It's not easy to build an Open Source software company.

Canonical recently has made a change to its intellectual property policy. The new policy prevents developers from distributing altered binary versions of Ubuntu. Users are still allowed to distribute unaltered Ubuntu freely, but if they make changes to Ubuntu, Canonical wants developers to either go through a review process or remove all references to Canonical trademarks, Canonical logos, and proprietary software and recompile the Ubuntu archive without any of those.

This change has caused friction with the Open Source community; many are not happy with these restrictions as it goes against the culture of Open Source sharing and collaboration. After all, Ubuntu itself is built on top of the work of hundreds of thousands of Open Source developers, and now Ubuntu is making it difficult for others to do the same.

Canonical's stated intention is to protect its trademarks and reputation; they don't want anyone to call something "Ubuntu" when it's not actually "Ubuntu". I understand that. That aside, many understand that the unstated goal is to make money from licensing deals. The changes affect organizations that base their custom distributions on Ubuntu; it's easier to buy a license from Canonical than to figure how to remove all the trademarks, proprietary software, logos, etc.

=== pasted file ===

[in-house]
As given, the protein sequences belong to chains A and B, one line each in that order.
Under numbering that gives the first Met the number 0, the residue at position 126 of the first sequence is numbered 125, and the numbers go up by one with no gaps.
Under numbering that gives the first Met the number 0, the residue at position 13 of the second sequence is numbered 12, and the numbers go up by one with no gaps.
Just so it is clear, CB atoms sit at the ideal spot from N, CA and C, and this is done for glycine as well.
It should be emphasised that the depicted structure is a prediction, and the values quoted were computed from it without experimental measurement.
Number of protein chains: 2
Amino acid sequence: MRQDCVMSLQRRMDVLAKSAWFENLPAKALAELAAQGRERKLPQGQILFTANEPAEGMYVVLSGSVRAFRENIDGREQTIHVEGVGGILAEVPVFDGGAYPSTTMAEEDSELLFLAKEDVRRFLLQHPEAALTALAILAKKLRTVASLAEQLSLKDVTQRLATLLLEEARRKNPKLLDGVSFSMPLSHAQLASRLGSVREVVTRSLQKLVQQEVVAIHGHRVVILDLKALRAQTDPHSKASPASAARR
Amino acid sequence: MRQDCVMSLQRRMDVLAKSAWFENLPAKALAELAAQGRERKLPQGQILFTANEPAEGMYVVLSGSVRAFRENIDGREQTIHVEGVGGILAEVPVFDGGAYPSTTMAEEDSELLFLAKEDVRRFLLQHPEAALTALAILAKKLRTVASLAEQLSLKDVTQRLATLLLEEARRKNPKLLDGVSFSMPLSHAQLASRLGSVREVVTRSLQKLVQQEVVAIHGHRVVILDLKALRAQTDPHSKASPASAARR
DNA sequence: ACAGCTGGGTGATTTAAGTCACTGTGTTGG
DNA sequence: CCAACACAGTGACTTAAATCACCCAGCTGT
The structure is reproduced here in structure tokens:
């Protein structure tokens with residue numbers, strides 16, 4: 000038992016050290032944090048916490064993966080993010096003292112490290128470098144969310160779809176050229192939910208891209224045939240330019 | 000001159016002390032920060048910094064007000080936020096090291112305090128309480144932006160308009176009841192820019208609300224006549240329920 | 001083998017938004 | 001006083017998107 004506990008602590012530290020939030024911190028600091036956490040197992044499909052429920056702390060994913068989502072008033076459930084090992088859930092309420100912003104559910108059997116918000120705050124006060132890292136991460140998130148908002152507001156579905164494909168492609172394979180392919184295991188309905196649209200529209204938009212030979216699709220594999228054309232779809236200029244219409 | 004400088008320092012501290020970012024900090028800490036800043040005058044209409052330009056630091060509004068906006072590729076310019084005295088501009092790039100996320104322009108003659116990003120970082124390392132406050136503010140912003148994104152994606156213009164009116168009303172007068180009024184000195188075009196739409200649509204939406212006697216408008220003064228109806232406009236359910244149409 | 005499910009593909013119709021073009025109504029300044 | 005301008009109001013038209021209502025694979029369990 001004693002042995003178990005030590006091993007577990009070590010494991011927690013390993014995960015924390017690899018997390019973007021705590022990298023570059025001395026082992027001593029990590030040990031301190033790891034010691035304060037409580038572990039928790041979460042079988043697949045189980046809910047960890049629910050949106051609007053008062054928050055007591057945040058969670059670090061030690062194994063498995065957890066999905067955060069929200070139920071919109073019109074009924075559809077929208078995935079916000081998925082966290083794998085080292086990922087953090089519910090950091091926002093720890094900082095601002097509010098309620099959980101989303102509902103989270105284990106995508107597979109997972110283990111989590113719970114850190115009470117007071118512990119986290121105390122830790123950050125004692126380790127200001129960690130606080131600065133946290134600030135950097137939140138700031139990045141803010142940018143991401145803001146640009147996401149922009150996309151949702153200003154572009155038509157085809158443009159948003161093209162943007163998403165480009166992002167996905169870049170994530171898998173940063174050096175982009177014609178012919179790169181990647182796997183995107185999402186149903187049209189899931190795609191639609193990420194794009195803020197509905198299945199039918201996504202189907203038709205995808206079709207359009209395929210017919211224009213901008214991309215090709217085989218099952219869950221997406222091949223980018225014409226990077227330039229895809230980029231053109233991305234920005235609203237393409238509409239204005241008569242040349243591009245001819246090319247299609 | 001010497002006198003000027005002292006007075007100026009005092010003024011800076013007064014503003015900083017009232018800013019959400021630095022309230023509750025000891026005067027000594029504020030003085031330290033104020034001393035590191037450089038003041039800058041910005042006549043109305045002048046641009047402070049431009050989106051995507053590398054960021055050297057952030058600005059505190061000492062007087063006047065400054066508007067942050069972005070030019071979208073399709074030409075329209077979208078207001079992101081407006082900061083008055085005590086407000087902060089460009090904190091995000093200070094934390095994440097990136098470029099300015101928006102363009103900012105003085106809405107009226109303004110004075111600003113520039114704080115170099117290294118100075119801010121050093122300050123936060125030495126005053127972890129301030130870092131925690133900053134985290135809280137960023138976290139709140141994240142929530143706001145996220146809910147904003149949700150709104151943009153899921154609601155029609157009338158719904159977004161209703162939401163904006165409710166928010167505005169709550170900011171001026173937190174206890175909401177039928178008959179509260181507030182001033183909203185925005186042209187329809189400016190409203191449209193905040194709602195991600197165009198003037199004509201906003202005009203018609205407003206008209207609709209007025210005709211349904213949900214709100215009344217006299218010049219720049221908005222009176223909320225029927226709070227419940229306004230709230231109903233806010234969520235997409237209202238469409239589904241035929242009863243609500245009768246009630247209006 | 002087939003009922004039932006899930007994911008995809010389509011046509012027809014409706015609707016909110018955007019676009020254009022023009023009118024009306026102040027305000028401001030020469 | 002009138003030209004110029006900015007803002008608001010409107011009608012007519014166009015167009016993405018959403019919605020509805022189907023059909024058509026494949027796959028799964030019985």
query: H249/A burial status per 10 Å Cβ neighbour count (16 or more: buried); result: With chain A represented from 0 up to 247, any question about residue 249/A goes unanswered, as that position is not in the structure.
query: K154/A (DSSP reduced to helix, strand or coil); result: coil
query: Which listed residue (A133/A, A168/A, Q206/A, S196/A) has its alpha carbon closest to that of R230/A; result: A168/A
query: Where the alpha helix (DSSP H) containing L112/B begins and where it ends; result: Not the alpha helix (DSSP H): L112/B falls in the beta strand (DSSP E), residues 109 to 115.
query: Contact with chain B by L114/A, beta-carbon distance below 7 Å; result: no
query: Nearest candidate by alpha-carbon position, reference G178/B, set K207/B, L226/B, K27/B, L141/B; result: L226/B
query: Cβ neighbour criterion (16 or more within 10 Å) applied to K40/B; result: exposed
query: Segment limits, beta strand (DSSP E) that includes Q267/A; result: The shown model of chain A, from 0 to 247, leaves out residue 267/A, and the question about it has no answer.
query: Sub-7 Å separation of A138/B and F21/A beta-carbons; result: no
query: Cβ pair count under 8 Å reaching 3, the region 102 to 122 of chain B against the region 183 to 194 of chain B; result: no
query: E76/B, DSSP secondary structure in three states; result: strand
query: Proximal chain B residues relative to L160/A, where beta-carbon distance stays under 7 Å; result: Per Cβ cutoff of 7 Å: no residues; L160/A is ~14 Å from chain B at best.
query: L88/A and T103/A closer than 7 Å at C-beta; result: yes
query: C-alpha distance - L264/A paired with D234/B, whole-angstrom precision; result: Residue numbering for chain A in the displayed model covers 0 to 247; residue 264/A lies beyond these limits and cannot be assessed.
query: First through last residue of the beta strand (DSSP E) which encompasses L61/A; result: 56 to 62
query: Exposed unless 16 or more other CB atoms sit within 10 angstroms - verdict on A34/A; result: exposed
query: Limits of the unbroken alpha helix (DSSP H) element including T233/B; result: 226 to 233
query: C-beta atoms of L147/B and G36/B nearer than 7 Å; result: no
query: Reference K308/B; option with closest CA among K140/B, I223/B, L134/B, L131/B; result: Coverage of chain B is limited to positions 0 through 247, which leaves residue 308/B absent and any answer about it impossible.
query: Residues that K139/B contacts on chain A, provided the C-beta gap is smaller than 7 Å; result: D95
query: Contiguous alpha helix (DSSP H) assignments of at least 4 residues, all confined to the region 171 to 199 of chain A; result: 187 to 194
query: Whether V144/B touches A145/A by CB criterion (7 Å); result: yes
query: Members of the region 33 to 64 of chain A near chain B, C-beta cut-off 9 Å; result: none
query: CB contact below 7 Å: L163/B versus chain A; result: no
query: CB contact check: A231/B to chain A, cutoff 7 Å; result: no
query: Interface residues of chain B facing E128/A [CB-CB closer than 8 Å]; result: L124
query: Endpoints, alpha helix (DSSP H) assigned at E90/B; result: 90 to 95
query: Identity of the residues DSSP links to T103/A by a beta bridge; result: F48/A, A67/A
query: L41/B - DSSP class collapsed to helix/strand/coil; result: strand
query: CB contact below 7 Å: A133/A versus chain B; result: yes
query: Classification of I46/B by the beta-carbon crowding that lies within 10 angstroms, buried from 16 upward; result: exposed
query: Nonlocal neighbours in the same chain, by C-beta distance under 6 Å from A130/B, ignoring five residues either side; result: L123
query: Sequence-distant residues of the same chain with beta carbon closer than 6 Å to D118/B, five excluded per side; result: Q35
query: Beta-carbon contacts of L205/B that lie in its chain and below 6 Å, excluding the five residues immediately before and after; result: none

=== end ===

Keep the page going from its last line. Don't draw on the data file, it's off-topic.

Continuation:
Jono Bacon, Canonical's former community manager, wrote a balanced post about the situation.

My thoughts? I understand Canonical has to find ways to make money. Most companies are downright greedy, but not Canonical or Mark Shuttleworth. I find the Open Source community "penny wise and pound foolish" about the situation.

I can relate because Canonical, like Acquia, is among a small group of Open Source companies that try to do good and do well at scale. We invest millions of dollars each year contributing to Open Source: from engineering, to marketing, to sponsoring community events and initiatives. It is not easy to build a software company on Open Source, and we all struggle to find the right balance between giving back and making money. This is further complicated when competitors choose to give back less or don't give back at all. Companies like Canonical and Acquia are good for Open Source, and helping them find that balance is key. Don't forget to support those that give back.


dougvann (not verified):

I would take issue with only one statement:

"Companies like Canonical and Acquia are good for Open Source"

I would have said something like:

"Companies like Canonical and Acquia add tremendously high value and validation to Open Source"


Kursat (not verified):

I am totally with you Dries. Keeping a brand name for open source developers is not banning others to distribute altered versions.

In a worse scenario a hacker may put malicious code to Drupal and distributes it as Drupal, then hacks the sites remotely, by telling Drupal is hacked! Even in this worse scenario, banning distribution of altered Drupal as Drupal is not the solution.

Dries, you and your team already succeeded a big job, by keeping Drupal brand-image to a high level. Keeping brand image at a web CMS software is much much more difficult compared to operating system. Canonical has to stop and think once again.